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Japanese Startup Creates Smart Mask Capable of Translating Eight Languages

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Credit: Donut Robotics

Shortly after the outbreak of the COVID-19 pandemic, the use of face masks became popular throughout the globe. While governments were trying to handle all of the chaos, companies like Donut Robotics were working on new innovations applicable to the time. The Japanese startup created a high-tech version of the cloth face covering with their C-Face Smart mask

C-Face Smart mask is designed to aid in communication and social distancing during times like this, but it has many other non-pandemic related capabilities as well, such as the ability to translate speech into eight different languages. 

According to a statement by the company, “C-face is the world’s first smart mask that works with smartphones … developed by applying robotics technology. We hope this device will be useful in a society where people naturally practice social distancing.”

Cinnamon Robot and Donut Robotics

Donut Robotics did not create the mask during the pandemic, but they did adapt it to use during this time. It’s original intended use was as translation software for the company’s robot called Cinnamon. However, the project was put on hold due to COVID-19, which resulted in the team turning their focus to the face mask. 

The company was founded in Kitakyushu City, in Fukuoka prefecture by CEO Taisuke Ono and engineer Takafumi Okabe. The pair wanted to “change the world with small and mobile communication robots.”

After receiving venture capital investment, Ono and Okabe applied to an initiative called Haneda Robotics Lab, which aimed to use robots to provide services to visitors at Tokyo's Haneda Airport. 

That is when the company developed the Cinnamon robot as one of four translation robot prototypes that were selected by the initiative in 2016. According to Haneda Robotics Lab, Cinnamon was chosen due to its user-friendly design and impressive aesthetics, as well as the software’s ability to operate efficiently in loud environments.

Following the company’s success with Cinnamon, it was moved to Tokyo with an expanded team.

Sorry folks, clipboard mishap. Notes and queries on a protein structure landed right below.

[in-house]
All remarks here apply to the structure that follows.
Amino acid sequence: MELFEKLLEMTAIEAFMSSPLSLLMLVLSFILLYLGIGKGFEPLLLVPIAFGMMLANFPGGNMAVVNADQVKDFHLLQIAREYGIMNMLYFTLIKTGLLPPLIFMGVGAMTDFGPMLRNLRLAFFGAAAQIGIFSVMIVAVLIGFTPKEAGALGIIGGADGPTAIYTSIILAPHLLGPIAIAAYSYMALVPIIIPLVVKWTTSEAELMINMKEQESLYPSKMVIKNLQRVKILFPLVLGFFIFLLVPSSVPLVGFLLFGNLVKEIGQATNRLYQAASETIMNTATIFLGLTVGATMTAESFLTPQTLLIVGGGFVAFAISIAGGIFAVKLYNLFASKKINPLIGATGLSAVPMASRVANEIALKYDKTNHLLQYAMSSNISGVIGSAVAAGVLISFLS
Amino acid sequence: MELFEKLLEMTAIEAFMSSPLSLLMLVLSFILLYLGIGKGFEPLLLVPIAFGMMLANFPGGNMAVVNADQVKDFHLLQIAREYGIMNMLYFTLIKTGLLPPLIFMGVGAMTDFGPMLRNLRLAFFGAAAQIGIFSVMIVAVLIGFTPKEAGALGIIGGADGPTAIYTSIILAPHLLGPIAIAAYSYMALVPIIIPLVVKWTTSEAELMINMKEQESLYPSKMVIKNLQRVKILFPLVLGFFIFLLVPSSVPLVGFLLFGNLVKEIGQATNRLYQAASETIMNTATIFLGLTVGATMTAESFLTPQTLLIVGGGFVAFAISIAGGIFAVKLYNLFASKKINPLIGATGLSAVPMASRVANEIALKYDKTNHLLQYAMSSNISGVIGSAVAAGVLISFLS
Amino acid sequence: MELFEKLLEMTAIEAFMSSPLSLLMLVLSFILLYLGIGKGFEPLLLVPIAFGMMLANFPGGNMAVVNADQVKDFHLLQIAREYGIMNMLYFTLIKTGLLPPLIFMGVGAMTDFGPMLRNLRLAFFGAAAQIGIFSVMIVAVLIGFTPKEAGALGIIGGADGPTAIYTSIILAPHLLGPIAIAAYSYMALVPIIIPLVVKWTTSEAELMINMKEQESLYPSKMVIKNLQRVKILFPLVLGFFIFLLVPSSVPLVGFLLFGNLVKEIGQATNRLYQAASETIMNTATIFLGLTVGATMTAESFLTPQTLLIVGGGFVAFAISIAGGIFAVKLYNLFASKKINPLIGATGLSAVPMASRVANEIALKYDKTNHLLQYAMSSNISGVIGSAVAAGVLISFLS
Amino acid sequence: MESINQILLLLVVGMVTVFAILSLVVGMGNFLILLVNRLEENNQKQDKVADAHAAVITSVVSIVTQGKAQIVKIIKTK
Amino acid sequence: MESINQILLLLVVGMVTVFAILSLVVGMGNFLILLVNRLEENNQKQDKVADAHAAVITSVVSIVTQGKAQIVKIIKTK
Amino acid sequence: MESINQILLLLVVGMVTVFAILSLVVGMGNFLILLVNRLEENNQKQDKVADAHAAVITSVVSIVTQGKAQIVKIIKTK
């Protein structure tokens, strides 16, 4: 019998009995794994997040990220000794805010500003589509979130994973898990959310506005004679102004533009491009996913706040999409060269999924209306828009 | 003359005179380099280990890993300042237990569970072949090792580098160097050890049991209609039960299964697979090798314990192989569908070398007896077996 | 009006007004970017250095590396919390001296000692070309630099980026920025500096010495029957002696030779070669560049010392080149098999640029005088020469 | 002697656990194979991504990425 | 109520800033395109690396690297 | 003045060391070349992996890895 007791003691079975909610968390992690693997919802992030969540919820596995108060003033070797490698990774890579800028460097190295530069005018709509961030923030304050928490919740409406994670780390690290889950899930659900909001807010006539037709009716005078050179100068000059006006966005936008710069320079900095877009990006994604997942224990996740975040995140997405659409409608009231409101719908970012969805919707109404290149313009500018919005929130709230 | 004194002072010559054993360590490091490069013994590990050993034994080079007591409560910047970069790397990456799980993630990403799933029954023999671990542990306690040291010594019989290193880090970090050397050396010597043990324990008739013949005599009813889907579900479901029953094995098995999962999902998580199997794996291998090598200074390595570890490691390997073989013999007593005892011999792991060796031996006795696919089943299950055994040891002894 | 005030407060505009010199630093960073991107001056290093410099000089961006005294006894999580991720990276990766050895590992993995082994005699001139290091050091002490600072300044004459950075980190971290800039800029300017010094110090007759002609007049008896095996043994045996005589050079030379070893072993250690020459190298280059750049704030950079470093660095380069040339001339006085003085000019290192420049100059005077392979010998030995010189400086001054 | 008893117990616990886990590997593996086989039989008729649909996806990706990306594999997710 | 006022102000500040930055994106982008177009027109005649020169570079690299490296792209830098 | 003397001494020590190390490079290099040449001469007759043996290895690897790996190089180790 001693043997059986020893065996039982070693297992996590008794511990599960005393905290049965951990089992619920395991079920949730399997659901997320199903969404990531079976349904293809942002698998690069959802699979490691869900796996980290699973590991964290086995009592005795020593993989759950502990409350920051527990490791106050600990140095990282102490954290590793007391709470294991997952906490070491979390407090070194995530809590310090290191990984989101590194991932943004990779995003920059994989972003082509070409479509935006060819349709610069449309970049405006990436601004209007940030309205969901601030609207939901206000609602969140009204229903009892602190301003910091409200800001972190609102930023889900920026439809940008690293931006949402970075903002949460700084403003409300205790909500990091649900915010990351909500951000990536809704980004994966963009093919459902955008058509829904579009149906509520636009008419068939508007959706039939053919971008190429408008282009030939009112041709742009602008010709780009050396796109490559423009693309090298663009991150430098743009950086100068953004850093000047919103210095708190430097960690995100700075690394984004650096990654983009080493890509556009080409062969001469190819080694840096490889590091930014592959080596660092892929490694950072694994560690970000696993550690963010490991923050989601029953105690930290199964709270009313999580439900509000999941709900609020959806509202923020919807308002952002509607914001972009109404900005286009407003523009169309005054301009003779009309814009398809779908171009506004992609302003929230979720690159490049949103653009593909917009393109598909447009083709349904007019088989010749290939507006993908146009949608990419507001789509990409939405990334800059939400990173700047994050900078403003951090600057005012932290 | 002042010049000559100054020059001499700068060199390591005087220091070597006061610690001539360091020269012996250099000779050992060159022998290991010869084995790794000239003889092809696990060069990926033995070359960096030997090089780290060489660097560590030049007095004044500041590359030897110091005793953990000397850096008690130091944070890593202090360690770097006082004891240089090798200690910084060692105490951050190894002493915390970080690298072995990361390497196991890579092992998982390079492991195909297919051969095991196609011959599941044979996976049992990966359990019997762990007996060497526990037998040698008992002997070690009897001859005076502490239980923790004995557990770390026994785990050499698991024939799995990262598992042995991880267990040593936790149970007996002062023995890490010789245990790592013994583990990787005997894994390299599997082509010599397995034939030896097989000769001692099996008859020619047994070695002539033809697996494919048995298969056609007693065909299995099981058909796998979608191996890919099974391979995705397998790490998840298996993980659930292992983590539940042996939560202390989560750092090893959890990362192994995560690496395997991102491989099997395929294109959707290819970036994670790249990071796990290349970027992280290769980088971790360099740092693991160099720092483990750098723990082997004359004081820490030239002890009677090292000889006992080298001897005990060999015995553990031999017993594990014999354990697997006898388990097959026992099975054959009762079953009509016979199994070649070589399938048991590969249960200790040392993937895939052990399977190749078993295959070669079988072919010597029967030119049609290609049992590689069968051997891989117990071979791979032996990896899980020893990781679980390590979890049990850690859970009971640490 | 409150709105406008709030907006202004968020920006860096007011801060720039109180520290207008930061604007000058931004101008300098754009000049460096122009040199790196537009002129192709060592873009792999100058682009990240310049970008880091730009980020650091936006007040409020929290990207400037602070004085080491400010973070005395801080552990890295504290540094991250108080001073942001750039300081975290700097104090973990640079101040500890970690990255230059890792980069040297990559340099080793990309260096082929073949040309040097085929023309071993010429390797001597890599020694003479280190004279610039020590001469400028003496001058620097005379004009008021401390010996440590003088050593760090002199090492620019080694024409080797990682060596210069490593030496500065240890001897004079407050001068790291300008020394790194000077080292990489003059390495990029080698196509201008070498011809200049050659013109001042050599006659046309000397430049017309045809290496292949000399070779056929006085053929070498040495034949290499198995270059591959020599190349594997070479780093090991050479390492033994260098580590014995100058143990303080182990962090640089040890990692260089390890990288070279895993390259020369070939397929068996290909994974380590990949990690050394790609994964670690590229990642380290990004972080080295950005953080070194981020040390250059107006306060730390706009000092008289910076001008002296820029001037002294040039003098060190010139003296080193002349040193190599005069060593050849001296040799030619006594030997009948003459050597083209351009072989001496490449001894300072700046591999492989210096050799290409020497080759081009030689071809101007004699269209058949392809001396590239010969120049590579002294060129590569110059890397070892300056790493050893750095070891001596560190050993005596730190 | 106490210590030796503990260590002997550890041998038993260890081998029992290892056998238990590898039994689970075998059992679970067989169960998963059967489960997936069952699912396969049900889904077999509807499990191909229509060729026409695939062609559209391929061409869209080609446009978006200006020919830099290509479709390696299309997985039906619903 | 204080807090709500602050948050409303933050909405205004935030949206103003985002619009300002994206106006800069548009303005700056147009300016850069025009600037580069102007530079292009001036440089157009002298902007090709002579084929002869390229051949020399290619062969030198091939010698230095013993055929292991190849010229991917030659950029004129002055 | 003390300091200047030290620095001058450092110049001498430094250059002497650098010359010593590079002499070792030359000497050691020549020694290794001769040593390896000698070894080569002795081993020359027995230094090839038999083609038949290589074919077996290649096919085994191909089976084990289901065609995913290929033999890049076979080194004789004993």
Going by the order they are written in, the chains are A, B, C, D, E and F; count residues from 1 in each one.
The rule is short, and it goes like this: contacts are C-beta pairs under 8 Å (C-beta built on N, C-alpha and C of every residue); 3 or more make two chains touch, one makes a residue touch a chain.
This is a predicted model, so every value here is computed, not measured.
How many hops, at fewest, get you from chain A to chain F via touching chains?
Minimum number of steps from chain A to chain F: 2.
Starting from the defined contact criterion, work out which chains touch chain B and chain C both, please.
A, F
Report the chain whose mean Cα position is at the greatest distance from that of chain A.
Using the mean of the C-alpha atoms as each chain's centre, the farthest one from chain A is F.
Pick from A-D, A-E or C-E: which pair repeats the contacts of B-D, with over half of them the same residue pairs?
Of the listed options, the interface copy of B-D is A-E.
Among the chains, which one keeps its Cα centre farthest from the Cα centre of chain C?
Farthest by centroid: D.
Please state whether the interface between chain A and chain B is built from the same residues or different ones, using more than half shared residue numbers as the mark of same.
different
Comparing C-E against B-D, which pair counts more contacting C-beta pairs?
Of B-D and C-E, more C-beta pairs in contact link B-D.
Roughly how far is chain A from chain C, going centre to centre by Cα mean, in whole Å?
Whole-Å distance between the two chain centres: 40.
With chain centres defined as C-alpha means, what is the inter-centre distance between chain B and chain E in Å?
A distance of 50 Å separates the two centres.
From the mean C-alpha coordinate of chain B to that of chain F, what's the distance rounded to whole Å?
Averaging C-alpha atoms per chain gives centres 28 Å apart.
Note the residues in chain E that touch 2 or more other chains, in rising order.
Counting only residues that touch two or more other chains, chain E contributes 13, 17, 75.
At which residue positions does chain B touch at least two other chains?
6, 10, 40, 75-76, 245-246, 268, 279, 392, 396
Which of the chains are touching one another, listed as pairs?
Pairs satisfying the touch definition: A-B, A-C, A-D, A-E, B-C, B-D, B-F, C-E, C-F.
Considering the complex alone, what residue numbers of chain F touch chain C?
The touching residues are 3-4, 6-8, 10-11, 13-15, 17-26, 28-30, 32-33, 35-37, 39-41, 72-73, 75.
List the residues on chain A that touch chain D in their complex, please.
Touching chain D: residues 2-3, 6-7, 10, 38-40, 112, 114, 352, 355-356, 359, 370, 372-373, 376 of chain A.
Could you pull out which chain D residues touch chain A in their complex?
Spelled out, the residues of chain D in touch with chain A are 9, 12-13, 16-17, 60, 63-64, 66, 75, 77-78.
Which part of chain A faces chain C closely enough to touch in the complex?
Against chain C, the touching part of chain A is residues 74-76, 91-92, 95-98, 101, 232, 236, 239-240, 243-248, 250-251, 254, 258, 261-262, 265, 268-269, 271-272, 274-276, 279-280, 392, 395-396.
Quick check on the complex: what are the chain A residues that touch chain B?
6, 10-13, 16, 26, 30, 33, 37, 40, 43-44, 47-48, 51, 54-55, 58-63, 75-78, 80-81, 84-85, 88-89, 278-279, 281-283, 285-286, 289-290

According to Ono, the software relies on Japanese language-specialized machine learning that was developed by translation experts. 

Ono says that when it comes to Japanese language users, “the technology is better than Google API, or other popular technologies,” due to other competitor apps mostly translating to and from English. 

Once the COVID-19 pandemic hit Asia earlier this year, the team switched gears and focused on adapting its software to come up with a solution. 

“We were running short of money and wondering how to keep the company going,” Ono says. 

In the past two months, Donut Robotics has raised more than $800,000 (Dh2.94 million) through Fundinno, a Japanese crowdfunding platform. 

The company plans on launching the product in Japan in December, starting with 5,000 and 10,000 masks.  The cost is expected to be between $40 and $50, and the company will charge a monthly fee for translation and transcription services. Donut Robotics then plans on releasing it in other parts of the world starting in the second quarter of next year. 

C-Face Smart Mask

The C-Face Smart mask can translate from Japanese into English, Chinese, French, Spanish, Korean, Vietnamese, and Indonesian.

The face mask has cutouts in the front in order to keep the air flowing, so it is still necessary for users to wear a standard face mask underneath. It is constructed out of white plastic and silicone, and the impressive technology is Bluetooth capable with an embedded microphone that links to the user’s smartphone. 

The Bluetooth chip can connect to smartphones up to 32 feet away, and Ono hopes that the technology will aid in social distancing during the pandemic, especially in environments like hospitals and offices. 

“We still have many situations where we have to meet in person, Ono says. “In this new normal…the mask and the app are very helpful.” 


Alex McFarland is a tech writer who covers the latest developments in artificial intelligence. He has worked with AI startups and publications across the globe.